She stared at the screen trying to make out what the teacher was saying in class. Eyes stinging with sleep, she kept dragging the recording bar back to listen to it over and over again, in the hope that things might start making some sense eventually. After a few minutes, a sharp pain in the leg brought her back to the reality of her dark room, and the awkward position that she was sitting in.
Every night when the world goes into a deep slumber, this is what she does. Cramped in between a wall and the bed, she is ready to roll underneath the sheets any time the door opens. She hasn’t told anyone that she has been taking some classes online, fearing family’s opposition. She doesn’t have books yet she is thankful that she has a device, an internet connection and a pair of headphones. She cannot make notes in the dark, but she is grateful to hear her Ustadha’s beautiful voice – a voice that touches the strings of her heart.
As she entered the conference room, laughter suddenly subsided indicating that her presence wasn’t welcomed there. No sooner had she taken a seat that the conversation took a sharp turn to Islam.
“As always”, she thought.
It was just an everyday thing now: her colleagues would condemn certain actions of certain ‘extremists’, mostly a product of their own imagination rather than reality. And some of them would smirk in her direction every time the word ‘extremist’ would come up. All this because they did not approve of a piece of cloth on her face.
Little did they know that that every time they called her an extremist, directly or indirectly, she would hide a smile underneath her niqaab, for that word reminded her of only one thing:
‘And those who believe are extreme in their Love for Allah swt.’ (2:165)
“Ya Allah! I took this niqaab out of love for You. Now the world has started calling me extreme.
Ya Allah! I beg You to make me more extreme in Your Love.”
It was a wedding day, but the bride was still glued to the laptop, absorbed in her evening classes. Her wedding ceremony was due in 2 hours but she was logged on to her WizIQ account, unwilling to miss even a minute of the lesson. Some of her classmates, who lived in the same city and were also invited to the ceremony, kept scrolling the participants list in the WizIQ classroom and wondered why the bride was still online.
Finally, when her mother’s patience ran out, she typed in seeking permission to leave to attend her own wedding. She left with an apology, leaving the teacher and her classmates awe-struck.
It was 12 am and she was worried about how she was going to wake up at 3 AM to take her live class. It was winter season in US and most of her classmates and teachers were in Pakistan. The class timings did not suit her at all.
Yes, she had the option of going permanently on recordings, especially since her baby was due in a month and the doctor had told her not to sit for long hours. But her heart did not want to lose the Barakah of live class. Nor was she ready to bring herself one notch down in adab and take classes while lying down.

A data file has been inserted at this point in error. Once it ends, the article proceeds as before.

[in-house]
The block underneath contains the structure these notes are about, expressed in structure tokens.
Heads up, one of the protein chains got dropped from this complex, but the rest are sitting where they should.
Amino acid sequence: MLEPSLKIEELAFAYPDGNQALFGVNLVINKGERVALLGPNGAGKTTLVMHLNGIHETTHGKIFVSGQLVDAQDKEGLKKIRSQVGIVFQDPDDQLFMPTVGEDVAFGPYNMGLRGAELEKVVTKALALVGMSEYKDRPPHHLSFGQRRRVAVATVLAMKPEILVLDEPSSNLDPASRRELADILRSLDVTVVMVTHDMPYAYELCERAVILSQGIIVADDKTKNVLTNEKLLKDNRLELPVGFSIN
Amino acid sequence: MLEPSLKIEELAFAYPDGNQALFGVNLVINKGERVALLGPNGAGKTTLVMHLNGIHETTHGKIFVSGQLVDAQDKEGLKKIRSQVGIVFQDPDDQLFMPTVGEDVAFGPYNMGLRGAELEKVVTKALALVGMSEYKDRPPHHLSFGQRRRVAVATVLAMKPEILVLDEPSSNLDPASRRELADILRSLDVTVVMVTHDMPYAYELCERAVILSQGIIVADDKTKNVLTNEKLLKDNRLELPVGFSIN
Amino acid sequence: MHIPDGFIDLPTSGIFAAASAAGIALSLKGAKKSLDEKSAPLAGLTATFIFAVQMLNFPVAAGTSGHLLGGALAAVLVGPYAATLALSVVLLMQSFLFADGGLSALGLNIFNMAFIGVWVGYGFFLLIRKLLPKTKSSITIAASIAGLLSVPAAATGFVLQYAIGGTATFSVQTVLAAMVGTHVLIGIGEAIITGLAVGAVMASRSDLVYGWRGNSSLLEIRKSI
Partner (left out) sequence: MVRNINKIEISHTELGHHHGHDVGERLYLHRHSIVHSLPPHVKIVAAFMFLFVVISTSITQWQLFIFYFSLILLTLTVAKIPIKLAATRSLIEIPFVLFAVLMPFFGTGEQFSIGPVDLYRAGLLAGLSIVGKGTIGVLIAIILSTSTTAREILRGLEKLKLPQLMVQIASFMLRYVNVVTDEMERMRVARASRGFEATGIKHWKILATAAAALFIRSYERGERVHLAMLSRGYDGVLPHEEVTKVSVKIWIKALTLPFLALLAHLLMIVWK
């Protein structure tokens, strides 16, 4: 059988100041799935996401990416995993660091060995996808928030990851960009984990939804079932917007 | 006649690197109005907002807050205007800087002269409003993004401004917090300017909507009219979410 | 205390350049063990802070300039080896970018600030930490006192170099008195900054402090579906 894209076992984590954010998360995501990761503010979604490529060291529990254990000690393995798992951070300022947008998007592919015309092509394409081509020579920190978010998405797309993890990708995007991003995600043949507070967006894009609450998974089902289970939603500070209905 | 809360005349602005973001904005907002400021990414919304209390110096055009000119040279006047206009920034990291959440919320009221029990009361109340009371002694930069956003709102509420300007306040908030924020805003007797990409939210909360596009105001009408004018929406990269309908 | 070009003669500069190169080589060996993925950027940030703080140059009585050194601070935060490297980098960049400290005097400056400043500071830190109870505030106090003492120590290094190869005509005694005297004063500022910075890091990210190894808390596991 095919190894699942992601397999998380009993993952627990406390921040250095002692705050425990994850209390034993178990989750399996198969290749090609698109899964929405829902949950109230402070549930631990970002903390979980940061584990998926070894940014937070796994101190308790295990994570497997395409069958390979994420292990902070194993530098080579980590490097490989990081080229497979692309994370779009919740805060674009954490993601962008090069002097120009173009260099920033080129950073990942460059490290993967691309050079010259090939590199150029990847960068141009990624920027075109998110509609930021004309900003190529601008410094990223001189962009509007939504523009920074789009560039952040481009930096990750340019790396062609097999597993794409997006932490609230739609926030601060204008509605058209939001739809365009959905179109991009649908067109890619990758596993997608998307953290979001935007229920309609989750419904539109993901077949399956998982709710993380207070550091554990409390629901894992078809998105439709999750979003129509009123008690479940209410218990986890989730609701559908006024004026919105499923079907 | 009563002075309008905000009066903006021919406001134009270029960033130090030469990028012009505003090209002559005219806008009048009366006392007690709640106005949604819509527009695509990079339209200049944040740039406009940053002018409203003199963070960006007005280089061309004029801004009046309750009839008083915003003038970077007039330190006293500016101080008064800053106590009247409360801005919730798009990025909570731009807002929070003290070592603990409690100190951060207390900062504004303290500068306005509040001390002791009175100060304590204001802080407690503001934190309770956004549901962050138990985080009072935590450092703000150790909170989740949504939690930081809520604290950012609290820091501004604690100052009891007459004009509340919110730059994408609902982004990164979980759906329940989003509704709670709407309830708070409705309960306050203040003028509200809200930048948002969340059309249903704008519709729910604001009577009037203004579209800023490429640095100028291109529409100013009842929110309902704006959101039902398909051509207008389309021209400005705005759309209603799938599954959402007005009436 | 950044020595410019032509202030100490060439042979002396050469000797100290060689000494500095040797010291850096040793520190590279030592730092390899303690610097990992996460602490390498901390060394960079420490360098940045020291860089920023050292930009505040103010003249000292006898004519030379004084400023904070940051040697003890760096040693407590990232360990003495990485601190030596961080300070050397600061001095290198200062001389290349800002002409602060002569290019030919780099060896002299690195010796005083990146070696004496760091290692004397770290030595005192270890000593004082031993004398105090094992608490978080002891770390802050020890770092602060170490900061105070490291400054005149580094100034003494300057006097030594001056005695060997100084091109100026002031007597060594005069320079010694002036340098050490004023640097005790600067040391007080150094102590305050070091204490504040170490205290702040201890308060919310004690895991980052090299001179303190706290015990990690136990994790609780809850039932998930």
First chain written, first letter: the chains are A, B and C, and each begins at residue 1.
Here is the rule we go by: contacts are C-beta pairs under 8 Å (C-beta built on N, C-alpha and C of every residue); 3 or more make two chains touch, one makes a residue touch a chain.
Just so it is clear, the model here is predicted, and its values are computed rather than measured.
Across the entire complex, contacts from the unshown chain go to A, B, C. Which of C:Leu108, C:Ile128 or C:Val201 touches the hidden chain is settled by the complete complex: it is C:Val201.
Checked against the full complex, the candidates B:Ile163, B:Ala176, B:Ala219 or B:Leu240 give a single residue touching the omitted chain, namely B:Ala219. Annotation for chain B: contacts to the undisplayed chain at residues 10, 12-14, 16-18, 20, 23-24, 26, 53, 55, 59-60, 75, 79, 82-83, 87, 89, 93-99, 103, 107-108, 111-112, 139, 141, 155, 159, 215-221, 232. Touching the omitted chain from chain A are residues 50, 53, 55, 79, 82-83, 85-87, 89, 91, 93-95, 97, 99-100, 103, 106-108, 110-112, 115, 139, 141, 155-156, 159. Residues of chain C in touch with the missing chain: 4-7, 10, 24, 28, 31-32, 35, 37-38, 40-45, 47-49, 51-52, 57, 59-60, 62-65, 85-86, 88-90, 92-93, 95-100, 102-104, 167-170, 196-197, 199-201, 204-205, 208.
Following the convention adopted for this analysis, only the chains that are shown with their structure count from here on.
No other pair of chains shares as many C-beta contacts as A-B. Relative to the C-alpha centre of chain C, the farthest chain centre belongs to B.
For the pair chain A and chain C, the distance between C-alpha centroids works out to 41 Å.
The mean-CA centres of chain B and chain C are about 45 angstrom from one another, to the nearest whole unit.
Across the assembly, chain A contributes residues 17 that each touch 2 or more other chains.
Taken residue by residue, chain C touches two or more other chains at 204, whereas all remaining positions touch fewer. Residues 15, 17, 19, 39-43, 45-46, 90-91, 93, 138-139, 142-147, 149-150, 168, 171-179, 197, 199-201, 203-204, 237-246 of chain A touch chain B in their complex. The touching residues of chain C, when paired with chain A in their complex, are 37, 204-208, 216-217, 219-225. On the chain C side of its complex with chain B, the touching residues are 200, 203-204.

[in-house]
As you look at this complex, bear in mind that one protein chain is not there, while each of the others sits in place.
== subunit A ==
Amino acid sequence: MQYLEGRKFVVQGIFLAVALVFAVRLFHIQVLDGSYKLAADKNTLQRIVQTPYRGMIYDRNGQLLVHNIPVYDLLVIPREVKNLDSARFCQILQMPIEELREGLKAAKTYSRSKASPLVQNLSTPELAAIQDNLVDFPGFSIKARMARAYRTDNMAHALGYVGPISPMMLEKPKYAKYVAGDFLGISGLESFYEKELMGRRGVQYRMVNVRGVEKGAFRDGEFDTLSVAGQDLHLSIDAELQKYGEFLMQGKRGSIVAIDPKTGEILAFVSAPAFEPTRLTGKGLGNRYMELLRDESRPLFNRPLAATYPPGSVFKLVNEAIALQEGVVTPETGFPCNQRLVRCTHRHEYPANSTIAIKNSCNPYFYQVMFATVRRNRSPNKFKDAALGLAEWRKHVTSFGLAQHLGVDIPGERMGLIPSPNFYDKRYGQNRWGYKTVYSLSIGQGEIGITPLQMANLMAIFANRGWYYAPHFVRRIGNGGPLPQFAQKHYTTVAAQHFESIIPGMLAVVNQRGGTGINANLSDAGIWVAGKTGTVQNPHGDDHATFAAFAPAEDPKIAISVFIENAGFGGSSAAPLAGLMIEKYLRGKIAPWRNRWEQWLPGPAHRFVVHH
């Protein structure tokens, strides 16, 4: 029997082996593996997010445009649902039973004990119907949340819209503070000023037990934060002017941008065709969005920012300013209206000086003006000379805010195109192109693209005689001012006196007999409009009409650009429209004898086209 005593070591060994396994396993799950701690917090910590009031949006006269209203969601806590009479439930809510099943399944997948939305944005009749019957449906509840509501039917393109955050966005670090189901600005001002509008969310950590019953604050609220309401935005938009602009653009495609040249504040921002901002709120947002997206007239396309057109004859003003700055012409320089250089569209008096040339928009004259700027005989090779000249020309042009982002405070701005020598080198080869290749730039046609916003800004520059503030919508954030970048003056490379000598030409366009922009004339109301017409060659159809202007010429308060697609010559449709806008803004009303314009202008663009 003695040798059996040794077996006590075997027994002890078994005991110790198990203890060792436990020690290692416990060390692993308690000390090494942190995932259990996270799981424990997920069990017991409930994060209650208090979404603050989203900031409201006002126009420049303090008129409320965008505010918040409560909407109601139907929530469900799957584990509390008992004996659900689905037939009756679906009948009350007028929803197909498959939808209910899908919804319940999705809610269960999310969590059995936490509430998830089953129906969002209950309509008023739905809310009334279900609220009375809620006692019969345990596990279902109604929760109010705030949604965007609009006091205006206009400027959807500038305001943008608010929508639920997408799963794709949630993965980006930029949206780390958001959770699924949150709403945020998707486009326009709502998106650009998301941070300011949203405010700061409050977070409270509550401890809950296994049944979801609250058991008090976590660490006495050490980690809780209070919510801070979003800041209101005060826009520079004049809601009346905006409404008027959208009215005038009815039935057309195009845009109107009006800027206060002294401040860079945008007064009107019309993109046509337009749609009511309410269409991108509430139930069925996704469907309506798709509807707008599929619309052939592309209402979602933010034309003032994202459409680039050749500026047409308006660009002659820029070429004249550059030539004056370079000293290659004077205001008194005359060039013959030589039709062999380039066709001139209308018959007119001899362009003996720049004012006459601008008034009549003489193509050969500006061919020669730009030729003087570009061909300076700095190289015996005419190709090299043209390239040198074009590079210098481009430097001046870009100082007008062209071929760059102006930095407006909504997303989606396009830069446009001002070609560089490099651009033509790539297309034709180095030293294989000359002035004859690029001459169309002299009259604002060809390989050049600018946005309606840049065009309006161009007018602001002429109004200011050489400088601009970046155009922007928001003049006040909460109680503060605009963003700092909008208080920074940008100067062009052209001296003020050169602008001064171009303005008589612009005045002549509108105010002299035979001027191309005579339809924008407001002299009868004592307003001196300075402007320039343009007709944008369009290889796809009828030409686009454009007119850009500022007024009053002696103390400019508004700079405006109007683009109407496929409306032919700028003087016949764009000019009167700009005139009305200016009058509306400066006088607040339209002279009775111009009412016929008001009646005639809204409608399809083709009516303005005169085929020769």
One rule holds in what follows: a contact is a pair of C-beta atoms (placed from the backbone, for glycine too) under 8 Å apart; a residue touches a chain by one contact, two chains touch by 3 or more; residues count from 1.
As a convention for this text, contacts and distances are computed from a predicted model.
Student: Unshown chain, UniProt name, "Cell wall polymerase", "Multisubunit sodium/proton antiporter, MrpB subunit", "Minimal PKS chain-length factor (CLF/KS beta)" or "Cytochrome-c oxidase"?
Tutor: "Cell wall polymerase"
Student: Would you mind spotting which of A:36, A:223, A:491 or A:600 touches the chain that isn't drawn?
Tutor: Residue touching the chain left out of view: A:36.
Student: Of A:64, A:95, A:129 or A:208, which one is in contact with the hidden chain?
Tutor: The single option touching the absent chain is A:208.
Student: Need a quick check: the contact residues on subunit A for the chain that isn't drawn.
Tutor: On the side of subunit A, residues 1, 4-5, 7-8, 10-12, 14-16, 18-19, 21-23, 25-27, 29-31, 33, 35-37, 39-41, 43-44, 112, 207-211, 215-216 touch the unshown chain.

So she fought the winters and the pain. When she could no longer bear the pain, she wrote in the chatbox on WizIQ:
‘Aapa, can I take class while walking?’
She is in her forties (or perhaps much older) and waiting at the hospital with a drip in her hand. While the hospital staff is preparing her for her operation, she is preparing herself for her skype session. Muttering girdaans and Arabic tables under the breath, she is oblivious to what the hospital staff might be thinking of her.
She finally gets her turn with the course TA, and due to the commotion happening around, makes a small mistake in her recitation. The TA corrects her slightly, to which she says, ‘Beta, actually right now I’m in a hospital. Soon I am going to have an operation, therefore I got a little distracted and made the mistake…’
These are not some stories off the internet or some novel. These are real stories. Moreover, they are your stories…They are our stories. Each person above is currently a part of Zaynab Academy Online.
I know you all have your own story; that one incident (or perhaps many) when Allah swt gave you the strength to take a strong step towards Him, to obey Him and defeat Shaytan, Nafs and worldly desires; that one incident when you were willing to push yourself further, and harder, to exert more for the sake of pleasing Allah swt.
I want you think about that incident. Cling to it. Replicate it every time you fall. Now is not the time to give up. Now is the time to pick yourself up and walk – even if shattered, broken and stumbling – howsoever, just walk towards Allah swt and dive deep in His Mercy.
Binte Masood, Karachi, UCIL Year 04